Gartner raises 2011 IT spending prognostications
Falling US dollar, fondleslabs save the day!
The wizards at market researcher Gartner have spent the past few weeks polishing their crystal balls, and now think the IT spending environment will be a bit better than they had originally expected.
The amount that Gartner has tweaked up its estimates for spending on enterprise hardware, software, services, and telecom is tiny - from a 5.1 per cent growth rate that Gartner projected back in early January to a 5.6 per cent rate in the most recent projection. But the commercial IT sector is so huge that a small change in per cent means a lot of money.
In this case, it means corporate IT spending on the order of $3,598bn instead of $3,406bn, or an extra $192bn. This is not chump change to any IT vendor.
As part of its most recent 2011 IT spending revisions, Gartner has taken a stab at adding corporate tablet sales to the mix for the first time; that is accounting for some of the change, but not anywhere close to all of it. Spending on tablets is, however, responsible for almost all of the expected growth in hardware spending in the latest Gartner forecast.
Gartner says that companies worldwide spent $9.6bn on tablets last year, and guesses that they will spend $29.4bn in 2011. If you back out those numbers from total hardware spending on IT-class gear (servers, storage, networking hardware, PCs, printers, and such), then hardware sales were only going to grow at around four per cent, to just under $380bn, in 2011. But when you add fondleslabs to the tab and the effects of the falling US dollar, hardware sales worldwide (as reckoned in US dollars) will grow by 9.5 per cent, to $409bn.
"The addition of media tablets, reinforced by an expected additional decline in the value of the dollar, accounts for the increase in top-line growth," said Richard Gordon, research vice president at Gartner, in a statement accompanying the numbers.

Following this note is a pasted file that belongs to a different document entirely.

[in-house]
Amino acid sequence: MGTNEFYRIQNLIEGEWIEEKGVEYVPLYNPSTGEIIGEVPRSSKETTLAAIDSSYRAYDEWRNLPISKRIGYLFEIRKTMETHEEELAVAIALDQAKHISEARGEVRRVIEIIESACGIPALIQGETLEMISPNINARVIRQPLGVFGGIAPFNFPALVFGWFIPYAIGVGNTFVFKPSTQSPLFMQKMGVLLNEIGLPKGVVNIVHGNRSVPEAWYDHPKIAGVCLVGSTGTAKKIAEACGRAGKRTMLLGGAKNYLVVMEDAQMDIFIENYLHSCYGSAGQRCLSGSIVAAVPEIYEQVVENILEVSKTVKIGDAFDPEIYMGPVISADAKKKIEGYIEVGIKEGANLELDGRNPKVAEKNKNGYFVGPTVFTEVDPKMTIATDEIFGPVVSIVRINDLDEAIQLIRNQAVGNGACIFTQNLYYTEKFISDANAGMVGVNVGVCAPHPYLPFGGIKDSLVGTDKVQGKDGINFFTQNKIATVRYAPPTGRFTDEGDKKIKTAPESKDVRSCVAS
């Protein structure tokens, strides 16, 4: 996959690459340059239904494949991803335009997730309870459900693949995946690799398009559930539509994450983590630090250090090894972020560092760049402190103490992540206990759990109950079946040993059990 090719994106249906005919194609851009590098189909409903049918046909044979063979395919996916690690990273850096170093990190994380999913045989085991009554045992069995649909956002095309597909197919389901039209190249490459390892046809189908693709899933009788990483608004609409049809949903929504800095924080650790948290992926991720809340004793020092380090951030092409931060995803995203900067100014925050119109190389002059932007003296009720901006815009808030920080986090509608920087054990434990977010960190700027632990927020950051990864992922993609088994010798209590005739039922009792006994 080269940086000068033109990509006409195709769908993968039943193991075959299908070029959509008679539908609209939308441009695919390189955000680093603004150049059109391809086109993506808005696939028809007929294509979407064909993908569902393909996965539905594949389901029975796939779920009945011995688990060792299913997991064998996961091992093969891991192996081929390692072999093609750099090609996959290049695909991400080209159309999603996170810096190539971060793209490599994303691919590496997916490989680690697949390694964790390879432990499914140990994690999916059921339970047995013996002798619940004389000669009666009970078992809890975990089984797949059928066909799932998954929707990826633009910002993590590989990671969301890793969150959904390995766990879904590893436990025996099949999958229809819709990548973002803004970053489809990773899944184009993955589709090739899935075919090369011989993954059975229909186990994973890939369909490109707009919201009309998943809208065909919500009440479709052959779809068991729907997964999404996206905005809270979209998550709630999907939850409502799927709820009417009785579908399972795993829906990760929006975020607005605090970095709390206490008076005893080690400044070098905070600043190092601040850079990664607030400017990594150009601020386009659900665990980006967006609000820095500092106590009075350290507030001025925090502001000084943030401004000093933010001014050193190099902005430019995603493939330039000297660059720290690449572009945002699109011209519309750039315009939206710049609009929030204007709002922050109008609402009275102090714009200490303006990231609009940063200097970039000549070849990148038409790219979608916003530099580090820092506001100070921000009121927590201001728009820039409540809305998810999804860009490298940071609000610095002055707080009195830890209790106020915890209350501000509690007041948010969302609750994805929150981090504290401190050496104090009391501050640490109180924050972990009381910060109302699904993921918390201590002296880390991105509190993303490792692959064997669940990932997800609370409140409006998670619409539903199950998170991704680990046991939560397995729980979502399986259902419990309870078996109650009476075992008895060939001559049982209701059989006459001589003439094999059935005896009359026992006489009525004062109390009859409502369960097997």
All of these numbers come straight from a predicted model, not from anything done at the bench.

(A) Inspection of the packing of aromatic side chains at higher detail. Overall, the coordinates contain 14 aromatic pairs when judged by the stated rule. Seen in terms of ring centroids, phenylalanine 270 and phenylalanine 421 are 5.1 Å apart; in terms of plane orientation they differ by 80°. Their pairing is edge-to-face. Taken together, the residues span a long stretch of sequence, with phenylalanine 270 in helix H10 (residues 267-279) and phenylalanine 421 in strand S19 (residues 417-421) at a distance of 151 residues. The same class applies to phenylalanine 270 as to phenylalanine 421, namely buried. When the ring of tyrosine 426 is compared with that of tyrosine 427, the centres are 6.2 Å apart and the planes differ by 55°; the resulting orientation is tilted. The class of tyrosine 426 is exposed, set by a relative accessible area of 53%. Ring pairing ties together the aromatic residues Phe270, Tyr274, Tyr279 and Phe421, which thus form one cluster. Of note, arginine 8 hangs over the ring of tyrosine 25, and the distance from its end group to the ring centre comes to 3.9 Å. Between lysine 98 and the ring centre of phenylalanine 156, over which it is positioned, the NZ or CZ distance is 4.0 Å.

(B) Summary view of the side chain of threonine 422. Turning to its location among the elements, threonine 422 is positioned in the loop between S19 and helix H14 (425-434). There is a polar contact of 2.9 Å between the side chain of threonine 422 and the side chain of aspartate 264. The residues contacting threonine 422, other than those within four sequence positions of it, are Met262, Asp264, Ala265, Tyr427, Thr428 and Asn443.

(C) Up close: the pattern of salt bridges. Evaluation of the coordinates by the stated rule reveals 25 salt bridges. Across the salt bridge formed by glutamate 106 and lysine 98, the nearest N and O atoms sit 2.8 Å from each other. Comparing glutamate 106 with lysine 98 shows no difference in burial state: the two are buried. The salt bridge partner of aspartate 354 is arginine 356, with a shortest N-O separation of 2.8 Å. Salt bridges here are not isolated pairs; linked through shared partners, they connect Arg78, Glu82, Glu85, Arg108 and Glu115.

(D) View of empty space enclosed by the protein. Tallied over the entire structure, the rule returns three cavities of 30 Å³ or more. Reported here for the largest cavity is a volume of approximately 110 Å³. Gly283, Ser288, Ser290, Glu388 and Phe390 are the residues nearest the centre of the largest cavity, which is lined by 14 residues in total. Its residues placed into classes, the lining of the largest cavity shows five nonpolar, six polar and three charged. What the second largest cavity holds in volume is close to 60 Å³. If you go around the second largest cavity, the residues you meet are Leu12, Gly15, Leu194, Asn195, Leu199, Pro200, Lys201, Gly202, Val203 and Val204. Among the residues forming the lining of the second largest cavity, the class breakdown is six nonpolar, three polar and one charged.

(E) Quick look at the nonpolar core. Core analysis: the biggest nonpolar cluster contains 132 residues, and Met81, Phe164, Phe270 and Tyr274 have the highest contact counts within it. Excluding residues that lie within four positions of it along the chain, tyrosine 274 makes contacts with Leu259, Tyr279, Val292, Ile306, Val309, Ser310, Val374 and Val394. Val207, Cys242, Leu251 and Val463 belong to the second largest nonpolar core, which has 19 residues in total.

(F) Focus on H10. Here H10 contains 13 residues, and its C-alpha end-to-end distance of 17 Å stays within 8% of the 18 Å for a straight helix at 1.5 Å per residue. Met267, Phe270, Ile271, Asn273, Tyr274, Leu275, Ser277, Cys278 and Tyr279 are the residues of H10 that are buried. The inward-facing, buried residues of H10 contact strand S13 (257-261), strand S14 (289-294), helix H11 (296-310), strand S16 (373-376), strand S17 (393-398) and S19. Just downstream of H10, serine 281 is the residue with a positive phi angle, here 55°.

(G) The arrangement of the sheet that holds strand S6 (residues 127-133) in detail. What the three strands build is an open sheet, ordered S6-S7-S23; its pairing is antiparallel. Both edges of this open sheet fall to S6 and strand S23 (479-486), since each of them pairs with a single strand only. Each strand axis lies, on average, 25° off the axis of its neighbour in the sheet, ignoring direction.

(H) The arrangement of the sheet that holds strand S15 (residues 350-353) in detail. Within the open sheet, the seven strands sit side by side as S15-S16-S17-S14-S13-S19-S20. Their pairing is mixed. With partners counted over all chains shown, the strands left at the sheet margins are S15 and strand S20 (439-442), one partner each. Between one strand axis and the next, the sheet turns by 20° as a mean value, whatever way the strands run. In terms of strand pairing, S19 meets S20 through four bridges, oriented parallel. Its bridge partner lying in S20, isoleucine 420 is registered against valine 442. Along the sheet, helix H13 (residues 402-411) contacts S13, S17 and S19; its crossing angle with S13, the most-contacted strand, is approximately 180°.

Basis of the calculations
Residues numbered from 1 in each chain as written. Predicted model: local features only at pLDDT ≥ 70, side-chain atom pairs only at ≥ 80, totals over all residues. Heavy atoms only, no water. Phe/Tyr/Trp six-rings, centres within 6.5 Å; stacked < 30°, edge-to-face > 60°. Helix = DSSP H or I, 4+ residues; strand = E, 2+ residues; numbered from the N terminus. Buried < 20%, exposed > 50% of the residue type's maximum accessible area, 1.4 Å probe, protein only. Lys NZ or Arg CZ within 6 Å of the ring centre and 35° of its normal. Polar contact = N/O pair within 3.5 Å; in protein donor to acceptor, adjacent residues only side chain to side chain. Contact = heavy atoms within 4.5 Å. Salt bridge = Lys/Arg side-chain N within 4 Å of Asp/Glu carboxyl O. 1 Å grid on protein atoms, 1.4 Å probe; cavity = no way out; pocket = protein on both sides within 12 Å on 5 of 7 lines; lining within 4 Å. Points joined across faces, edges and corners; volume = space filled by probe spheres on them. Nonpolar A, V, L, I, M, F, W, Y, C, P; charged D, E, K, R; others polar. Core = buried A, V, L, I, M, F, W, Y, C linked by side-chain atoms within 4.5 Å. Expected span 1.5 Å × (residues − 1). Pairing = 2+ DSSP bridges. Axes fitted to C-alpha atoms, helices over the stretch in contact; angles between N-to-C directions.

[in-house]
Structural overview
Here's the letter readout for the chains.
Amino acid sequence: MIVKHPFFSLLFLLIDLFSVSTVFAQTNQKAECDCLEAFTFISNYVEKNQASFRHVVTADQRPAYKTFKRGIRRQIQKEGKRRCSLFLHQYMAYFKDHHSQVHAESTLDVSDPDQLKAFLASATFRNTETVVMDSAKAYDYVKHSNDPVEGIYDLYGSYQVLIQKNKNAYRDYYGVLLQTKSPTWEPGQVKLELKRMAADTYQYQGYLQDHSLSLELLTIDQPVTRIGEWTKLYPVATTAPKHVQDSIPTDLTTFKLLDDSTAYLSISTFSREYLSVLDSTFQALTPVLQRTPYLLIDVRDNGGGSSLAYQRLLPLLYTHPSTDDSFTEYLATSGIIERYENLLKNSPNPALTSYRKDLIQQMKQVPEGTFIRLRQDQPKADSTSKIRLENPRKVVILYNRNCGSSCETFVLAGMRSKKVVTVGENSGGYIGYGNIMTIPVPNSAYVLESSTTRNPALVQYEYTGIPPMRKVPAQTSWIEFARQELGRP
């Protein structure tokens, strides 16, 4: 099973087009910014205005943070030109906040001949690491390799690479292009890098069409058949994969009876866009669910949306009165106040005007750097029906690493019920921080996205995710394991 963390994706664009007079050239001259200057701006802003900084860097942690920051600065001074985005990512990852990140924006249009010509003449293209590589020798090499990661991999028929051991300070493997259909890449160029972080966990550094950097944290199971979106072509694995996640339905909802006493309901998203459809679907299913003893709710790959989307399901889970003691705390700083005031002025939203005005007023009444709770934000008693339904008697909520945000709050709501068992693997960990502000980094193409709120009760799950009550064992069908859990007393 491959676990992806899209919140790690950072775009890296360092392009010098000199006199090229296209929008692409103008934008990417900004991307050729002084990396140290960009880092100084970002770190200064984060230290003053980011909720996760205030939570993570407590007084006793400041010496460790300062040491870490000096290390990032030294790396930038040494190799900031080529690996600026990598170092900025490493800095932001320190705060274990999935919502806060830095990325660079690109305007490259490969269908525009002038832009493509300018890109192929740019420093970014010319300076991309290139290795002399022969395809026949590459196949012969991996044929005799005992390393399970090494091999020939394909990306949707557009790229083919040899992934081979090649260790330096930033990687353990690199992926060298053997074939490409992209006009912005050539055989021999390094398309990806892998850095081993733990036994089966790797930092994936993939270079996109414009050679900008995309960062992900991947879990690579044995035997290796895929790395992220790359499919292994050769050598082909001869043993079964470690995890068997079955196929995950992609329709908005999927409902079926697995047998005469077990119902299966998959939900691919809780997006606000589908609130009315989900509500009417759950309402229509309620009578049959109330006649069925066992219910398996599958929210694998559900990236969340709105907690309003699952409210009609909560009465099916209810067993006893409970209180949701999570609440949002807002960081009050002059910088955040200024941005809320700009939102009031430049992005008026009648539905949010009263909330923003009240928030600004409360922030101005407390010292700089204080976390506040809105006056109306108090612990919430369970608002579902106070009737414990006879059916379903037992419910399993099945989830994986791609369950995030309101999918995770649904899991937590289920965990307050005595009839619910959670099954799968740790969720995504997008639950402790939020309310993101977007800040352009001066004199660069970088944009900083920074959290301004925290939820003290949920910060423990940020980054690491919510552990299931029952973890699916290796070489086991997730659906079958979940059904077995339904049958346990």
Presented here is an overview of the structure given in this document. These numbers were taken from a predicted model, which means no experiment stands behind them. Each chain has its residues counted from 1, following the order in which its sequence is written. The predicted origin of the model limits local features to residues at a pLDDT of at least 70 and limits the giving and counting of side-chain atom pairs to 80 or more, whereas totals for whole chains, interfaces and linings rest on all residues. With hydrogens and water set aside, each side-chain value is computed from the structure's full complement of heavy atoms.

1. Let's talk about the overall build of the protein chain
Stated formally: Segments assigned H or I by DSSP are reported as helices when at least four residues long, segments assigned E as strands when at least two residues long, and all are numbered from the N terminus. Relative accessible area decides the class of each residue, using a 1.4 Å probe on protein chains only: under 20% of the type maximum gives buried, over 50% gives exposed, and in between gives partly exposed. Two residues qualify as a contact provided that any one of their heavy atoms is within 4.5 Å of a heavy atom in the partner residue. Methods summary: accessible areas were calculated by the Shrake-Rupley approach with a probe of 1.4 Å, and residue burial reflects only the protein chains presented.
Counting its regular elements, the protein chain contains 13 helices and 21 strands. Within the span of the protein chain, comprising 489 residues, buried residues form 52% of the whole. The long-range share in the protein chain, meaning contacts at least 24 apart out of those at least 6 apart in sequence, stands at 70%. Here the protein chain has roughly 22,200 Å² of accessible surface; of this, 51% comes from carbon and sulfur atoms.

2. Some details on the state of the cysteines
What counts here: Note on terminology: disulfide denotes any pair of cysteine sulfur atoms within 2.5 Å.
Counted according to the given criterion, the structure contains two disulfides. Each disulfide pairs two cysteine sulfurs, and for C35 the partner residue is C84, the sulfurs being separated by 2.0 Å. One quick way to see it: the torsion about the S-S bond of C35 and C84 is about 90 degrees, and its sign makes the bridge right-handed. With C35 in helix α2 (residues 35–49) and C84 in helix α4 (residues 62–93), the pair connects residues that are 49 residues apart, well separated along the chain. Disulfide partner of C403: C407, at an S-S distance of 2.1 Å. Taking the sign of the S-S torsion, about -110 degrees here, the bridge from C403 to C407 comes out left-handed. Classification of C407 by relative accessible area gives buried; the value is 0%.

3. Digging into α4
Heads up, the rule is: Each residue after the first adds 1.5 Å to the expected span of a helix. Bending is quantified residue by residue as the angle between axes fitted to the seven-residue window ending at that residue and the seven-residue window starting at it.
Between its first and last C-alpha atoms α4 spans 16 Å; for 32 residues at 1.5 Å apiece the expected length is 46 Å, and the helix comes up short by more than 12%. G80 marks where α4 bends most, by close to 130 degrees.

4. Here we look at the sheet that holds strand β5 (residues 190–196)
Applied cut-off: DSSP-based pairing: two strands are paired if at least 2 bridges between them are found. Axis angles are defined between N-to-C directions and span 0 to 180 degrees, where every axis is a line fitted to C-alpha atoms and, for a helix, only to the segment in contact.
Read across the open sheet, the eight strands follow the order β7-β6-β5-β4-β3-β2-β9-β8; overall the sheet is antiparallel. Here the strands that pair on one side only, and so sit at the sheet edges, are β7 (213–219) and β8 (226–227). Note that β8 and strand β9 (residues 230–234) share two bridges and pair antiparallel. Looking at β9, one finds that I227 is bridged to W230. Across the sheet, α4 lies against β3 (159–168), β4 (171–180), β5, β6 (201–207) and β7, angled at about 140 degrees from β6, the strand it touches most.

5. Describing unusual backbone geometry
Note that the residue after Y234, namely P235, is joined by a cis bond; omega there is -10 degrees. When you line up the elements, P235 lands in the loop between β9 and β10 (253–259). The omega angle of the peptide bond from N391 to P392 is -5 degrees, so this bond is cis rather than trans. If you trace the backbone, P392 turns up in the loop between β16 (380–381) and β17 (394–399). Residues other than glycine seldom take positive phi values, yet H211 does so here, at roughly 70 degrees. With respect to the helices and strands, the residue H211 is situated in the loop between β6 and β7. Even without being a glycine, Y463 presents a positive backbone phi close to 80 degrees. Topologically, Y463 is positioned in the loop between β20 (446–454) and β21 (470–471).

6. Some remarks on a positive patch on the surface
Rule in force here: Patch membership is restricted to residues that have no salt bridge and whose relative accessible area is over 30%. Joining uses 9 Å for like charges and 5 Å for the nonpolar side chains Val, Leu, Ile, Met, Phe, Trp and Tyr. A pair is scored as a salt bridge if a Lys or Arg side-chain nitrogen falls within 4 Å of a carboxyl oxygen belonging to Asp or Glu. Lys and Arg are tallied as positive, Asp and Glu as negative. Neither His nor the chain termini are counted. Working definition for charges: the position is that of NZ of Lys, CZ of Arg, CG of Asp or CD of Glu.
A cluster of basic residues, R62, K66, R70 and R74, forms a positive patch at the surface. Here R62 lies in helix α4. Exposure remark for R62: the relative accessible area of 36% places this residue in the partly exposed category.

"Absent the addition of media tablets, the forecast would have slightly declined in constant-dollar terms; however, with their addition, there's virtually no change in underlying forecast growth at the level of overall IT."
Gartner forecasts that worldwide spending on tablet computers in the corporate space will grow at a compound annual growth rate of 52 per cent between now and 2015.
The prognosticators say that enterprise software spending in 2011 will rise by 7.6 per cent, to $255bn, while IT services spending will grow by only five per cent, to $824bn. Telecom spending (data and voice services together) is still the dominant part of the IT sector, with the aggregate corporate phone bill growing by 4.9 per cent, to $2,110bn.
Gartner is still trying to figure out the effects of the political turmoil in the Middle East and the earthquake and tsunami in Japan. "The Middle East share of global IT spending is approximately two per cent. While the political unrest affecting many countries in the region may well dent IT spending levels, any impact would be insignificant at the global level," Gordon said.
This forecast was mostly complete before the disaster in Japan, and Gartner is watching it carefully to see what effects might ripple through the IT economy. ®
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